Recession’s impact on food shoppers

PRICE, quality and taste - in that order - remain the priorities for food shoppers.

Some 92 per cent said they had noticed food price increases in the last 12 months. But other concerns have taken more of a back seat in recession-hit Britain, according to Which? chief policy adviser Sue Davies.

She told the Waitrose Farming Conference last week the latest Which? survey of 2,000-plus consumers and workshop sessions revealed price was still a high priority for even higher income consumers.

Not surprisingly, the shift was that one-quarter of people were more likely to buy from the discounters and look for value brands at the expense of premium supermarkets and organic product offerings.

Animal welfare remained an issue, said Ms Davies. While 17 per cent believed it less important at present, 22 per cent said it was more important. Consumer concerns over GM, too, have not gone away. More than half were

concerned about BSE, genetic modification and cloning - but even so, these were not as high on the agenda as quality and freshness of food.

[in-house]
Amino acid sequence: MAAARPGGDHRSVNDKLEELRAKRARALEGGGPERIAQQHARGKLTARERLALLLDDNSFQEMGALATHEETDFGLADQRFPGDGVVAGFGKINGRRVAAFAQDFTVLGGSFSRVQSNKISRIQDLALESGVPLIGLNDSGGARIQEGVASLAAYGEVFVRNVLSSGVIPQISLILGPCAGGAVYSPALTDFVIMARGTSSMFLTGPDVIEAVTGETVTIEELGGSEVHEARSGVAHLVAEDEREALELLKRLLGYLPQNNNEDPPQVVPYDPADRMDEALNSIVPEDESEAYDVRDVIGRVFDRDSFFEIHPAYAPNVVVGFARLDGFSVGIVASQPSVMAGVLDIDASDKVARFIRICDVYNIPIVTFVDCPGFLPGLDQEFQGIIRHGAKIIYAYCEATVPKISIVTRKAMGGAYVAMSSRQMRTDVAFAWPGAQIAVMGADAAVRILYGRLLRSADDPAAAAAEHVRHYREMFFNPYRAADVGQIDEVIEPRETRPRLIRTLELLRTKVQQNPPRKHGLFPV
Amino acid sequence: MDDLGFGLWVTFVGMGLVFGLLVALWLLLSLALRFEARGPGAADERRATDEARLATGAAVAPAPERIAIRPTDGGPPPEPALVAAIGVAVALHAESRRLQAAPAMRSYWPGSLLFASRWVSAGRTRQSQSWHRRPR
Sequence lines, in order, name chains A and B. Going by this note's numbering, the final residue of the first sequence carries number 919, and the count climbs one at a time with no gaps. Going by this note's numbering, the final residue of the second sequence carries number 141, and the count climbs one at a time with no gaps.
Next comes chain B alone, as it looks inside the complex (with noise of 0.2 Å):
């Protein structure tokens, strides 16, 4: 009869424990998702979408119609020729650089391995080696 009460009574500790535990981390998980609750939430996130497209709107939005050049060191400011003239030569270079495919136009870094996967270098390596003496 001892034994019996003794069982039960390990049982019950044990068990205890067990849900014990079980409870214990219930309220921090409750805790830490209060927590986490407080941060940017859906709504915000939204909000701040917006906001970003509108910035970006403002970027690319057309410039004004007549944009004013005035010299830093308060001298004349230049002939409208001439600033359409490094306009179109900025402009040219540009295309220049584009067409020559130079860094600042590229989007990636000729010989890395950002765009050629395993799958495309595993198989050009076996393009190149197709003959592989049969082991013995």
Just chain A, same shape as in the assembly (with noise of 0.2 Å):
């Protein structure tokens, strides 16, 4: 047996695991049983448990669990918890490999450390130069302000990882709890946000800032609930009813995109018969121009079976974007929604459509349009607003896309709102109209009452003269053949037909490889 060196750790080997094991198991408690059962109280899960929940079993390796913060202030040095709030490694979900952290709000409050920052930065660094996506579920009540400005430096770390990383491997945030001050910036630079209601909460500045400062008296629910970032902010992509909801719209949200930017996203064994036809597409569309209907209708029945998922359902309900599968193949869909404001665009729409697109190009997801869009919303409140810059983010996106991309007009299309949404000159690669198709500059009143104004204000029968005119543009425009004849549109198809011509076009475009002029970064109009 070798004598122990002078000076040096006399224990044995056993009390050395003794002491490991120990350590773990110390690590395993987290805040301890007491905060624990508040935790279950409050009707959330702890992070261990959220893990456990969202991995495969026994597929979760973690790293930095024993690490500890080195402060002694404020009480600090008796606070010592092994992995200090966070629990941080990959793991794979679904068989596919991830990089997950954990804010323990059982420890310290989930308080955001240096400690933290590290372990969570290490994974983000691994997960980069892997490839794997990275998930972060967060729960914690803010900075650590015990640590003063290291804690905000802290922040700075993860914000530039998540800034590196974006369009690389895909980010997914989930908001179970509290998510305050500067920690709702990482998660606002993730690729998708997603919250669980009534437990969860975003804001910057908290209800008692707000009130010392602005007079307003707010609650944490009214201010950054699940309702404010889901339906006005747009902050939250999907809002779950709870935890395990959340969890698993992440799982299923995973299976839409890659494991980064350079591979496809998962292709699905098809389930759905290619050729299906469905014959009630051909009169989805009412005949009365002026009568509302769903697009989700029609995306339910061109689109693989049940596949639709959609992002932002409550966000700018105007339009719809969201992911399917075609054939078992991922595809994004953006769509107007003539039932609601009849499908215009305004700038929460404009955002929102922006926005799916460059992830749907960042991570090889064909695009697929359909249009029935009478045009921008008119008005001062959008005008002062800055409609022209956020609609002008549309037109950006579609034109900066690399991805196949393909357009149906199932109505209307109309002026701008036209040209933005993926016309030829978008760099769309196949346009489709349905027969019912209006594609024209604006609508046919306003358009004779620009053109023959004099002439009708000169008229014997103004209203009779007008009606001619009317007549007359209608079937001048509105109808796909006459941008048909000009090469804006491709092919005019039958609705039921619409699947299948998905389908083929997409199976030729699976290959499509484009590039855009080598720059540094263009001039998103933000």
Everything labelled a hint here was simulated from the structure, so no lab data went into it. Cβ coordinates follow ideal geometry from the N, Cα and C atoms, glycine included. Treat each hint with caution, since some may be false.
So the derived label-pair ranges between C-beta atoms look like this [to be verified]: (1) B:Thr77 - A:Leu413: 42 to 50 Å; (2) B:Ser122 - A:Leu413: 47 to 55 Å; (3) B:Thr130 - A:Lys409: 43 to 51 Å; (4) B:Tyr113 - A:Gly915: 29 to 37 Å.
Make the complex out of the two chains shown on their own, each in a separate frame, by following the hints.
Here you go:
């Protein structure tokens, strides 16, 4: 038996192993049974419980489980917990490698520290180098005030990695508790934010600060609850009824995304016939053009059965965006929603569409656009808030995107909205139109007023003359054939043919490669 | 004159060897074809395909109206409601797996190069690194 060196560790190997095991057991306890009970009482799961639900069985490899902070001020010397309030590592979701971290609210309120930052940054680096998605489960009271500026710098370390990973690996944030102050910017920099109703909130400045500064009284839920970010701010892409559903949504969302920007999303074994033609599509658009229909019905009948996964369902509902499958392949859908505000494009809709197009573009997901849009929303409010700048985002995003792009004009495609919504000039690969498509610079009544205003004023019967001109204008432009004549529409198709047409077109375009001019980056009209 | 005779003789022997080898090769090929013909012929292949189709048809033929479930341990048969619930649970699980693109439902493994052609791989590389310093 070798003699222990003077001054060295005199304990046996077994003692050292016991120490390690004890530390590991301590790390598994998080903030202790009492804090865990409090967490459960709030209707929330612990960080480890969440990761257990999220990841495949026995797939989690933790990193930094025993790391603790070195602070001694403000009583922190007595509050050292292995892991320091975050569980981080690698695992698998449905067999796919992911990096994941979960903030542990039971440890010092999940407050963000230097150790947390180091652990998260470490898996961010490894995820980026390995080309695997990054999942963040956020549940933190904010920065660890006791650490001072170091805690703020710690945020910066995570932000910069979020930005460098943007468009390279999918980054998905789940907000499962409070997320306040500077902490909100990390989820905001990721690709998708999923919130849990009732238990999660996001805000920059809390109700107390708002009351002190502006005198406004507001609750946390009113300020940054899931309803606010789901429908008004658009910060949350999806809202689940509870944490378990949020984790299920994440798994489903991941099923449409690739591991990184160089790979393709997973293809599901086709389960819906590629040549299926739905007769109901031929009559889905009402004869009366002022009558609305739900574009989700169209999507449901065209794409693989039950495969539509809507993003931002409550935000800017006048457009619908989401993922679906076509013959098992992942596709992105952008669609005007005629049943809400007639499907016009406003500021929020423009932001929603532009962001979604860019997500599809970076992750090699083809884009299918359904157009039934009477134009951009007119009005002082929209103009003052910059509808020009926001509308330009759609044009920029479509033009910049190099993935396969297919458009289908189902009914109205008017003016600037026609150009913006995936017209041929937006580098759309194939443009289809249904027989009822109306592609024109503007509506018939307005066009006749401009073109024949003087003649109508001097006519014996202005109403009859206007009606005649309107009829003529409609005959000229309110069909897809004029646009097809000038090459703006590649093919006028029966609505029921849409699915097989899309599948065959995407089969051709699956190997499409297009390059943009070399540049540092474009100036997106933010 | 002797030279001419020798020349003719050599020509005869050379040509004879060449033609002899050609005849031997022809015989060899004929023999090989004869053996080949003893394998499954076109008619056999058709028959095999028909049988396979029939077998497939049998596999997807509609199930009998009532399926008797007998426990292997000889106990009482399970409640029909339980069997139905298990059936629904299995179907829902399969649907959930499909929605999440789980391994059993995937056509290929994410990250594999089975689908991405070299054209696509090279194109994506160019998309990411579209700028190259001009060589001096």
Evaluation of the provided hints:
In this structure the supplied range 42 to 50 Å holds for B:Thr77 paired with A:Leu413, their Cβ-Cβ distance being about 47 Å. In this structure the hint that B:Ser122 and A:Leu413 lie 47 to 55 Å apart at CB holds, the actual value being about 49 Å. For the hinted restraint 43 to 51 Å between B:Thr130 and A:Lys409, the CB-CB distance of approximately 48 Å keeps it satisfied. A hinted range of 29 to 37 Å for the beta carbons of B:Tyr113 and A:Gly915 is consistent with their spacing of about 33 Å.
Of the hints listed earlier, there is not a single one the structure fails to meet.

There was an overall high level of confidence in food safety (92 per cent) when bought at a supermarket. The research also revealed continuing strong support for ‘local’, especially where meat and dairy products were concerned (towards three-quarters of respondents), and to a lesser, though still very significant degree, for vegetables and fruit.


Consumer awareness of labelling was interesting - fairtrade was the most recognised, with 87 per cent having been aware of the label.

There was a 62 per cent of awareness of ‘organic’ (Soil Association, for example) but when asked about Red Tractor, awareness fell to less than half (47 per cent), which Ms Davies said was very low considering the length of time it had been in existence. Freedom Food commanded 26 per cent awareness.

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